Nearly 5 million children are out of school in Guinea, Liberia and Sierra Leone due to Ebola-related school closures. Students who fall behind for a year or more are significantly more at risk of dropping out of school and this increased risk of dropout, coupled with the trauma of loss and greater poverty, could mean that large numbers of children will never return to the classroom. The impact of an increased number of out of school children and under-qualified workers will have a long-term impact not only on the health and well being of communities but also the supply of qualified future workers, country economic growth and social and economic stability. For this reason, the private sector is a key stakeholder in getting these children back to school.
Last week, GBC-Education in collaboration with A World at School launched a report calling for the responsible reopening of safe schools. This report – Ebola Emergency: Restoring Education, Creating Safe Schools and Preventing Long-term Crisis – includes recommendations for immediate action and calls on the international community to make education a priority in response efforts to the Ebola crisis. In short – learning should be prioritized immediately and schools need to be responsibly reopened as soon as possible to prevent a longer-term crisis.
GBC-Education member Oando Foundation, an independent Nigerian charity launched by the oil and gas company Oando PLC, is already leading the way on taking up this recommendation. In September the Oando Foundation responded to Ebola by initiating the Ebola Education Support Fund to assist Nigerian children who have lost one or both of their parents to Ebola. The Ebola Education Support Fund, which builds on the Oando Foundation’s existing programming for education, will cover school feeds and other related costs for these children through university graduation.
The Oando Foundation has thus worked to ensure that children and families made vulnerable will have a chance at a future and will not be further devastated by the long-term impact of this loss. Director of the Oando Foundation Tokunboh Durosaro stated that the Foundation launched the fund “to mitigate the effect of this tragedy. The fund will ensure that all affected children complete their education to university level, notwithstanding their loss.”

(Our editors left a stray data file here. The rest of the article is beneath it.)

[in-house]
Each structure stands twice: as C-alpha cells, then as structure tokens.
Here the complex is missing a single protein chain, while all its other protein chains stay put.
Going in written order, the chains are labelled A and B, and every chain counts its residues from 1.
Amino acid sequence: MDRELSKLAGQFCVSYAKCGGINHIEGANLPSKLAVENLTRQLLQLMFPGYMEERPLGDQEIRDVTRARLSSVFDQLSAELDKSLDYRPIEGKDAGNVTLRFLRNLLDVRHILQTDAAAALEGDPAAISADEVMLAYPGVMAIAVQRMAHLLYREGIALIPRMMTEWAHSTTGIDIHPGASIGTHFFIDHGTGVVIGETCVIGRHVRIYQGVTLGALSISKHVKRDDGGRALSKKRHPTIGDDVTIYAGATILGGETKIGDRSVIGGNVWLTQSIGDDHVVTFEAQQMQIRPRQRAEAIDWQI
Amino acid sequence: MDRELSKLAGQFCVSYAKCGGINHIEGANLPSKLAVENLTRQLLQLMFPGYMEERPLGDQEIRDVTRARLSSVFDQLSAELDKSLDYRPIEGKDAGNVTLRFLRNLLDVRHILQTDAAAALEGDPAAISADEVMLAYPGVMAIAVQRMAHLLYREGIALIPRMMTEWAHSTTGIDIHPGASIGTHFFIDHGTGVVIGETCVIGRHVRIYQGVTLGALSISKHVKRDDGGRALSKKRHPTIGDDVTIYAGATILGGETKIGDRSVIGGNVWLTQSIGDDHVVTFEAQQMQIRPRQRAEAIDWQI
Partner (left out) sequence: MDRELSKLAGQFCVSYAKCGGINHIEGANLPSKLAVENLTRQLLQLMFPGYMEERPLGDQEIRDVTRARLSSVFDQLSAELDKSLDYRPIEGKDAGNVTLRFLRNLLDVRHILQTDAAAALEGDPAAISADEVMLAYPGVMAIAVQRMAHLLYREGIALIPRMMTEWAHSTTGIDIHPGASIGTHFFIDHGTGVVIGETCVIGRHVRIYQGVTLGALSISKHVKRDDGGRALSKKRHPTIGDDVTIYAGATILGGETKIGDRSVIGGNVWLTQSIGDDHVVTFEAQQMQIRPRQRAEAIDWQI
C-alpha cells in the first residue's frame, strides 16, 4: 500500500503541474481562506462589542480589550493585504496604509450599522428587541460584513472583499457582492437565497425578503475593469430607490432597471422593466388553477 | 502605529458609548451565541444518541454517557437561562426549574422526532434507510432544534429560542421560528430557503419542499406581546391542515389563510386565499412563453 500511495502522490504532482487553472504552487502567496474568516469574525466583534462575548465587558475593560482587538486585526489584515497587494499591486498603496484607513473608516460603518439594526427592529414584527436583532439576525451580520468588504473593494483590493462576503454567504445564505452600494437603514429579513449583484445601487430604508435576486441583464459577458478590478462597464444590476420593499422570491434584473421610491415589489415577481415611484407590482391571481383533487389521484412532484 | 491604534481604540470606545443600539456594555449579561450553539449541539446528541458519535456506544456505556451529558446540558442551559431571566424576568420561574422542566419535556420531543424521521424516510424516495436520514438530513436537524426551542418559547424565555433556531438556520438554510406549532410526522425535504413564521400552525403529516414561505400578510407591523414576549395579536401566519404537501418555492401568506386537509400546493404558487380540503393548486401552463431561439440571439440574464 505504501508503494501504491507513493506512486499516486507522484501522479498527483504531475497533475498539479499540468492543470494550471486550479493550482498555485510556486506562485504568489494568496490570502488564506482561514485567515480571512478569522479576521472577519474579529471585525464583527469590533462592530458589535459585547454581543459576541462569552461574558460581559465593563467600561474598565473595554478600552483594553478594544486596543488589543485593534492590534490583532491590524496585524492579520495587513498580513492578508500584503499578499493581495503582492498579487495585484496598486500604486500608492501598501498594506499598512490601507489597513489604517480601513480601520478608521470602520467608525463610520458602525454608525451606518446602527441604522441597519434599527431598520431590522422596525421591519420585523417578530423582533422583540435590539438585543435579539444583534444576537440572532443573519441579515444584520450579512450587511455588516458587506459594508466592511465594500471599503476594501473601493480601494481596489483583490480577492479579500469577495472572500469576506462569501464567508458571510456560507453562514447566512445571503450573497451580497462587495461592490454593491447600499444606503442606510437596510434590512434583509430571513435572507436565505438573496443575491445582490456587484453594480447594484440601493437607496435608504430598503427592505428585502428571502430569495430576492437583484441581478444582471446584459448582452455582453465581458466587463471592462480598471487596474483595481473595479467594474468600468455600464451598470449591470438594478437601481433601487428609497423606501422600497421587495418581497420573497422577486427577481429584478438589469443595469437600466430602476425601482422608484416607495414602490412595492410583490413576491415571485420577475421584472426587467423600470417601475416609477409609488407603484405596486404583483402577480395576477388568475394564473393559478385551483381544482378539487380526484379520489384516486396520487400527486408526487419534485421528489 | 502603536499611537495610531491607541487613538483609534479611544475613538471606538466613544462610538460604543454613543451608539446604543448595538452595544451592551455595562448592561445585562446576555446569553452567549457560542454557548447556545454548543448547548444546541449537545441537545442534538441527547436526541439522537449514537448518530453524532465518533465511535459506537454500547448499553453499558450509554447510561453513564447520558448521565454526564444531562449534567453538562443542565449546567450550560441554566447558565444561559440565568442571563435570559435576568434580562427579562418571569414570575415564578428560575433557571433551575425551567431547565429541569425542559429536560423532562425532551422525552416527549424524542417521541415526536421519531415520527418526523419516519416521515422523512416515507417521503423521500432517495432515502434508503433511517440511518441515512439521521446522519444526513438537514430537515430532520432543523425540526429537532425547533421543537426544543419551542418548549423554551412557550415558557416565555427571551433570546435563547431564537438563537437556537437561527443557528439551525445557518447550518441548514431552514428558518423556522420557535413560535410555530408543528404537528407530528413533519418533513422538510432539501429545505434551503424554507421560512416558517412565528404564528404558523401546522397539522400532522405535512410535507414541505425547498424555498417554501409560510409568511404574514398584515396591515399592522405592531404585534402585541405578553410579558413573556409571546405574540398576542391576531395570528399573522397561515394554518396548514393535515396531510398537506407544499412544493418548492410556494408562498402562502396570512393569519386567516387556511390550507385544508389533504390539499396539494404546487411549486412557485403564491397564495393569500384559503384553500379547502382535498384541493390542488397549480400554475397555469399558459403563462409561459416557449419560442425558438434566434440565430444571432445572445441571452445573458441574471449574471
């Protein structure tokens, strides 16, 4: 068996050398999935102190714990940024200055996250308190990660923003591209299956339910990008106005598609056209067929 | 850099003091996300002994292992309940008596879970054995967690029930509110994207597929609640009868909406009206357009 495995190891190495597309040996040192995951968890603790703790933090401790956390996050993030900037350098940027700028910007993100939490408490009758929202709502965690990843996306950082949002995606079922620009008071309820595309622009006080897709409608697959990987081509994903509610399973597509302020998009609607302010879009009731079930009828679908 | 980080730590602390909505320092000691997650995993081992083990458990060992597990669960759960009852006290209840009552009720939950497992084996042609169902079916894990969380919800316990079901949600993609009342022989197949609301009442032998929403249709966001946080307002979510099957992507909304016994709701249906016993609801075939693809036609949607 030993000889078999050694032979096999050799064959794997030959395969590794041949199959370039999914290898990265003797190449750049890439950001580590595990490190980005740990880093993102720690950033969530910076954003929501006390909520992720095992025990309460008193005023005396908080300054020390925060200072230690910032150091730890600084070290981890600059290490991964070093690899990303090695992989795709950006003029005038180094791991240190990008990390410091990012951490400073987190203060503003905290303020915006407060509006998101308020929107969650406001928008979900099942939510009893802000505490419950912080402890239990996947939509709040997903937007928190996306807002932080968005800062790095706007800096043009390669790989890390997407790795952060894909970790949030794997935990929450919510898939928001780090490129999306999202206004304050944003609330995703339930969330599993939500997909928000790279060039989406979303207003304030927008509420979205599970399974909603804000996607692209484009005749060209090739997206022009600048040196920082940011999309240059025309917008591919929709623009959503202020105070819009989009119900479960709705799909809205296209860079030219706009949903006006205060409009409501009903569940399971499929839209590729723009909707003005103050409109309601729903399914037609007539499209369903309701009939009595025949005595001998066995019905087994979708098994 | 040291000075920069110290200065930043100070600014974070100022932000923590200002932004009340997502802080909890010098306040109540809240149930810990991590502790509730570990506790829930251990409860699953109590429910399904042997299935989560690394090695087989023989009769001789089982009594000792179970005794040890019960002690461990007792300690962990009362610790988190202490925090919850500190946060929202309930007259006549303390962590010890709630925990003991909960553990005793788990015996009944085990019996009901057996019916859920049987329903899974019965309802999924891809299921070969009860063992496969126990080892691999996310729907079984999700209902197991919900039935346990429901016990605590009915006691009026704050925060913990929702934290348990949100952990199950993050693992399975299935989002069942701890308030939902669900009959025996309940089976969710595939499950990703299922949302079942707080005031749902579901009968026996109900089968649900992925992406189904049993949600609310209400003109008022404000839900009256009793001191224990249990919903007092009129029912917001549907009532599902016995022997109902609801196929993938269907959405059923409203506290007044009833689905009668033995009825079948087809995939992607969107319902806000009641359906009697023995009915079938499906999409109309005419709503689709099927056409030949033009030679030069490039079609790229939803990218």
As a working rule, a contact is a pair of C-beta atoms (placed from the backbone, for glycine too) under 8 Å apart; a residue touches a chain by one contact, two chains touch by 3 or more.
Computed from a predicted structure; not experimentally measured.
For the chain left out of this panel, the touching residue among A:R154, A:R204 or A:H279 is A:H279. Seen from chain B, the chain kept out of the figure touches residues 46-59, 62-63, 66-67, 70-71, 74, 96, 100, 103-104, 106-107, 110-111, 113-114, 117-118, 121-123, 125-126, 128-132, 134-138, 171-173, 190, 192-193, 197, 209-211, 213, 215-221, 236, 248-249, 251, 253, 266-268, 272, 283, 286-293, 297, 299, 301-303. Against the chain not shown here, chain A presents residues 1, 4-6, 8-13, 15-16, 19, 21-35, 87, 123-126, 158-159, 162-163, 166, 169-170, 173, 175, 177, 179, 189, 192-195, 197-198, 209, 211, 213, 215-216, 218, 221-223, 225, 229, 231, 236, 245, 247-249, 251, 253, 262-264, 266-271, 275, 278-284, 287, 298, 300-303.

Oando PLC is also donating its core asset – petrol fuel – to assist in this response. It has provided vouchers for fuel to enable trucks and ambulances, donated to the World Health Organization by the Rotary Club, to transport blood samples and other necessary transportation for Ebola response. The Oando Foundation also donated over 5,000 protective suits, gloves, protective glasses and boot covers for medical workers and health centers in the affected states in support of the Ebola Containment Trust Fund; this fund is also supported by other businesses such as the telecommunications company, Etisalat, and the technology company, Samsung Electronics West Africa.
According to the U.S. Chamber of Commerce’s Ebola Outbreak – Corporate Aid Tracker, the private sector has “pledged $47.4 million in cash and additional in-kind contributions in support of relief and recovery efforts” for Ebola. This support focuses largely on the provision of supplies for healthcare workers, treatment transportation to stop the spread of the disease. While these efforts are underway, a silent crisis due to school closures continues to build with young girls being married off early, children entering the workforce and young lives transformed forever by continuing uncertainty that forces families to make these difficult choices to survive. The Oando Foundation and supporting private sector partners know well the costs of the loss of an education and have responded accordingly.
The Oando Foundation and its supporting private sector partners have learned that education not only saves lives in the short and long-term, it also builds businesses and by extension economies and prevents future crisis which are a drain on resources and workers. To this end Oando PLC Group Chief Executive Adewale Tinubu has made a clear request. “I call on other business leaders to support these recommendations and make education a priority investment during humanitarian crises.”
There is a moral and business case for action and little time to waste.
Photo courtesy of A World at School